Historical approach to Afro-Cuban poetryShow full item record
|Historical approach to Afro-Cuban poetry
|Olchyk, Marta K.
|Doctor of Philosophy
|In the late 1920s a group of Cuban writers interested in the social structure of their country began publishing poems dwelling upon the theme of social injustice and Afro-Cuban idiosyncrasy. These poets, known as Afro-Cuban poets, shared a number of similarities not only in the social theme of their poems but also in their techniques of writing and their influence upon society. The purpose of this study is to explore the implications of social change that took place in Cuba based on the influence of the Afro-Cuban population. The dissertation consists of eight sections: Chapter I traces the development of slavery in Cuba since its beginning in the sixteenth century until its abolition during the nineteenth century. Chapter II studies the social and psychological characteristics of the Afro-Cuban immigrants and haw it has been preserved throughout the years. Chapter III gives a brief recount of the major historical events that took place in Cuba since its discovery in the end of the fifteenth century until present days. Special interest is given to the participation of the Negroes in these historical events. Chapter IV examines the precursors of Afro-Cuban poetry dating as far back as 1608 when the Espejo de Paciencia by Silvestre de Balboa was published in Cuba. The differences between these earlier works and the later ones are made relevant. Chapter V traces the evolution of Afro-Cuban poetry mainly during its apogee from 1930 to 1940. Chapter VI looks at the social content of these poems and their geographic expansion mainly throughout the Latin American countries. Chapter VII analyzes the importance that music and theatrical activities play among the Negroes and explains their significance. Chapter VIII considers the ethnic influences in the development of Cuban society. In conclusion, this work assures the validity of this short-lived literary movement that sought, among other things, a better understanding among men regardless of their ethnic background.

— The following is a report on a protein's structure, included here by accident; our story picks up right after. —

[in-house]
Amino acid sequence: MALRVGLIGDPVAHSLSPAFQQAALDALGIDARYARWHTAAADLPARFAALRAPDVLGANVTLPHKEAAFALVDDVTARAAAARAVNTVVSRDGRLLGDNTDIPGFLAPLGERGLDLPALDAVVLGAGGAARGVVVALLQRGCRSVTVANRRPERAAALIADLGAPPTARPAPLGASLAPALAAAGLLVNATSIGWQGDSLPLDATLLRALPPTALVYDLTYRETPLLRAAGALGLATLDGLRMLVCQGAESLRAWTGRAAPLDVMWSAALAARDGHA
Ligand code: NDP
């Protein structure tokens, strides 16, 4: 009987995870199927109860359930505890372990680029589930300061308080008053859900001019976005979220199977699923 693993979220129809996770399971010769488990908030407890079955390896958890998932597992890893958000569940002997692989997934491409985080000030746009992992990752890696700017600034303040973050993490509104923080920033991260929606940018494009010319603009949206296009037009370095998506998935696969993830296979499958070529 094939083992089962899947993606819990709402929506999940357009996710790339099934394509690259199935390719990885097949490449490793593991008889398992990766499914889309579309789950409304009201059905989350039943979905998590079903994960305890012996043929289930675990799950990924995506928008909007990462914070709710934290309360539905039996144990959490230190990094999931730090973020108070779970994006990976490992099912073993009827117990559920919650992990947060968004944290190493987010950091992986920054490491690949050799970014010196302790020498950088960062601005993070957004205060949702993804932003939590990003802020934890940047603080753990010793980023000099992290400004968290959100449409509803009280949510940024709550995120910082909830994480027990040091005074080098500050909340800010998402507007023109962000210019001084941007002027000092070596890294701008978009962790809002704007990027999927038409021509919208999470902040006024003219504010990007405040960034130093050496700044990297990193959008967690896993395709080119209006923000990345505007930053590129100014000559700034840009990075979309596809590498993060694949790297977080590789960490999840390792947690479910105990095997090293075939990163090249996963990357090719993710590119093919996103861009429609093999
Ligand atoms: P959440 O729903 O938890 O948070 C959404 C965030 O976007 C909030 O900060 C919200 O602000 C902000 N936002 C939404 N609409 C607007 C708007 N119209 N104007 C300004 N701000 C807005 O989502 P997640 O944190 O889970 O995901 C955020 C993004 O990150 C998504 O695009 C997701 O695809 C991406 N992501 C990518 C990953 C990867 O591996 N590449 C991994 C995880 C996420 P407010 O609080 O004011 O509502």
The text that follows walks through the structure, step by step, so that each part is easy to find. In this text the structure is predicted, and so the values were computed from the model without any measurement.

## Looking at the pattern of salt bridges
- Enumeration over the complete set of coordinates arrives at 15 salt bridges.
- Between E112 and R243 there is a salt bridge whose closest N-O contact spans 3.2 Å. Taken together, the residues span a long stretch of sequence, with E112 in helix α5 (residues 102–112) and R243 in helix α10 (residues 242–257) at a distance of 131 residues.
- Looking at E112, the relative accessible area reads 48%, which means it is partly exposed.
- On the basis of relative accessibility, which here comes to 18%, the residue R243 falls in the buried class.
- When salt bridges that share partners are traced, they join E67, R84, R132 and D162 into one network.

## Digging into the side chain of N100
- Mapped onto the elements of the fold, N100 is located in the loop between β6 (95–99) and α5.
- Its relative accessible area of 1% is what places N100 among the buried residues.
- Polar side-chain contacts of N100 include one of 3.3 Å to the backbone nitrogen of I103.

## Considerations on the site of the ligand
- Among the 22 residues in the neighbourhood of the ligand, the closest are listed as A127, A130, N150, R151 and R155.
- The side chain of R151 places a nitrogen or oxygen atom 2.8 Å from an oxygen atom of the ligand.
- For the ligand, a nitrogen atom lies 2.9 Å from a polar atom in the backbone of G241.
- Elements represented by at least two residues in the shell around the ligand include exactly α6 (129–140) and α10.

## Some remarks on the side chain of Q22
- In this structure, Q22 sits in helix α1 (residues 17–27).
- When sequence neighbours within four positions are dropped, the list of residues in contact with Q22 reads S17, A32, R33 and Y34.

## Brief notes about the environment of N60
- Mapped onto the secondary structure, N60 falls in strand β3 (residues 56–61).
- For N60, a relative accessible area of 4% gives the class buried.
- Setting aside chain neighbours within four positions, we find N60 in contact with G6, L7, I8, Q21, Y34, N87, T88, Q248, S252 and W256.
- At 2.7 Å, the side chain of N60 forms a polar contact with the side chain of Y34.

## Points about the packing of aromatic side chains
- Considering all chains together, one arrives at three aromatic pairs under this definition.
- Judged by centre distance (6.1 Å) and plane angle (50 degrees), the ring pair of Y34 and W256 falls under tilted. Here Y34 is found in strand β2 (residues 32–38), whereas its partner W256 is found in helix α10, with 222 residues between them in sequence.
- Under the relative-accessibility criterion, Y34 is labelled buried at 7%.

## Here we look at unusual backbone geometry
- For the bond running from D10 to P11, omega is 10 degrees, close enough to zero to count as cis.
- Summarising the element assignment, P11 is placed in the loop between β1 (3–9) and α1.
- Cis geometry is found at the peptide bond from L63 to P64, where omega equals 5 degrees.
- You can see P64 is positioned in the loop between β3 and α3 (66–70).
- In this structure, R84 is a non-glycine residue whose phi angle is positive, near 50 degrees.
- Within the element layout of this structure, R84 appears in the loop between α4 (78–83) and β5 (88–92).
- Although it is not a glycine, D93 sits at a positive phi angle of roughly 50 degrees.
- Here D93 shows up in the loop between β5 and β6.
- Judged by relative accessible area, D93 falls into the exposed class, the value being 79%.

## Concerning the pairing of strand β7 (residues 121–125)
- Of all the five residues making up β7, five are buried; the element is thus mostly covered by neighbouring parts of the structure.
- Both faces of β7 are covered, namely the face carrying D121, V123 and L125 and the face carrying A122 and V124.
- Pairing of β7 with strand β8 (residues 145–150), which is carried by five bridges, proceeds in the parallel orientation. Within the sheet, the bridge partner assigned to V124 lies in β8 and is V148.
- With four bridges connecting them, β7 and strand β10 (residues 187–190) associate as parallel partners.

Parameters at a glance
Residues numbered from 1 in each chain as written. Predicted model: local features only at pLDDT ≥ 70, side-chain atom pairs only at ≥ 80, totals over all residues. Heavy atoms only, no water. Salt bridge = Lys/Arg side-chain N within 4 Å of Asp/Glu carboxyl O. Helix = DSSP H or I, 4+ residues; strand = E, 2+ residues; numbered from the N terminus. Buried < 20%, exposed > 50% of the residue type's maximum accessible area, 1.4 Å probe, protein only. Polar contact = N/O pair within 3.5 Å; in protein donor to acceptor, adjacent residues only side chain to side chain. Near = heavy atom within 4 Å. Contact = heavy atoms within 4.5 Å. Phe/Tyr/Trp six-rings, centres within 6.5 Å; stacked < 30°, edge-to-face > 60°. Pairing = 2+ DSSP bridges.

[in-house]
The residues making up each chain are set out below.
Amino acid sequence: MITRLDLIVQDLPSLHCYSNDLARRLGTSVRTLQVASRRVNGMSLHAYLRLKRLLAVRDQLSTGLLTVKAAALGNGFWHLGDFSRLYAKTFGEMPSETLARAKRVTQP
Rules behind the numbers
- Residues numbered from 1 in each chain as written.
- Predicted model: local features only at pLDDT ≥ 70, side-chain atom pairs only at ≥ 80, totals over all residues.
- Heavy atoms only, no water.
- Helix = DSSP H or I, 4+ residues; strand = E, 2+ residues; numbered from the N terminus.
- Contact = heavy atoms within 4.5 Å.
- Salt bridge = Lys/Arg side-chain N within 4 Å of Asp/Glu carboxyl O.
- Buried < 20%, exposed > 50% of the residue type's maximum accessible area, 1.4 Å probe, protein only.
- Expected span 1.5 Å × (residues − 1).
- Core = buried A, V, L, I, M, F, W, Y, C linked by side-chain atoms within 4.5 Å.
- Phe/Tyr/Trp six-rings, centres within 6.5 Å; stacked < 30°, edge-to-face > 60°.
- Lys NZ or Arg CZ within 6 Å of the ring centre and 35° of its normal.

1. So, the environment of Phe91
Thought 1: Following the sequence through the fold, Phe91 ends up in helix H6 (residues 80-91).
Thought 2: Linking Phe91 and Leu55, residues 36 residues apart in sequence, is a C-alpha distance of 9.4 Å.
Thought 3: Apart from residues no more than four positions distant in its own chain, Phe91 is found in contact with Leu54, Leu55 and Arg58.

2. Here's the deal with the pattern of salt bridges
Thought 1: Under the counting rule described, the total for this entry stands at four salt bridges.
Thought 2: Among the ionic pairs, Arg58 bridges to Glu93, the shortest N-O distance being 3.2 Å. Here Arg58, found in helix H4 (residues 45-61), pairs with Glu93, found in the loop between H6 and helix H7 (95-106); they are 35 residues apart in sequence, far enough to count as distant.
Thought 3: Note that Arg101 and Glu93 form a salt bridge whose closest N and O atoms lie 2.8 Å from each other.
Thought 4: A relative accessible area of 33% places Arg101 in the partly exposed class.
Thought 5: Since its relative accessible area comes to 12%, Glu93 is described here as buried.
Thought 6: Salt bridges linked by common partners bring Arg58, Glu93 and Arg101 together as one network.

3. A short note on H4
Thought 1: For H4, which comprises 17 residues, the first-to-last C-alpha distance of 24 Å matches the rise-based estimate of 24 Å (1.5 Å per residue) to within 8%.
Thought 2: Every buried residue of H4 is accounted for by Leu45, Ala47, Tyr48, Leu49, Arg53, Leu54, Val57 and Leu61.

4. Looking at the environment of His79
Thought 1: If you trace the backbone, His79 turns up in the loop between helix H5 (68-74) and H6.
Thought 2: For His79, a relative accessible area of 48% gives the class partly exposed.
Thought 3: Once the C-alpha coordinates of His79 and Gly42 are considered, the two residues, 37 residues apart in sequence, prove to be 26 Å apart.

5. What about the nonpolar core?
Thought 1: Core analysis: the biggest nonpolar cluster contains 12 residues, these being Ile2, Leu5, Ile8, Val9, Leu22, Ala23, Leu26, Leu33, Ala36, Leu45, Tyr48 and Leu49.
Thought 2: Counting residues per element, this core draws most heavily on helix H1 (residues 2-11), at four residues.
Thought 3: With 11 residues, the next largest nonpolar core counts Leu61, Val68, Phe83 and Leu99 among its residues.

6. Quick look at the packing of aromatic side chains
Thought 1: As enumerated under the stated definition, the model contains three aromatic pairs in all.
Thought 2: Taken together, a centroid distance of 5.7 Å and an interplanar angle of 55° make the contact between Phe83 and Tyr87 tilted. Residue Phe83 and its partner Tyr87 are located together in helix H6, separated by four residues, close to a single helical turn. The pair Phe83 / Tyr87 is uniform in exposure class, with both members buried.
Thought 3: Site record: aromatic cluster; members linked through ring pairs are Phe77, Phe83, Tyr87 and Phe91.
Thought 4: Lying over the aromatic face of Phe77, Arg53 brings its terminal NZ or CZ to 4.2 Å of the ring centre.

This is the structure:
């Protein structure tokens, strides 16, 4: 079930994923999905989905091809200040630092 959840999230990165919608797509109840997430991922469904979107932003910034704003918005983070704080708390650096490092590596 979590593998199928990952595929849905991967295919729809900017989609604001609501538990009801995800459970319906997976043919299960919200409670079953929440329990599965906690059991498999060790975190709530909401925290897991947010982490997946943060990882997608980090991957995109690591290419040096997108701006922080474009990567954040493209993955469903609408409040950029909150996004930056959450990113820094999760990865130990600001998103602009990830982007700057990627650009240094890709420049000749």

|Worcester, Donald E.
This item appears in the following Collection(s)
- Doctoral Dissertations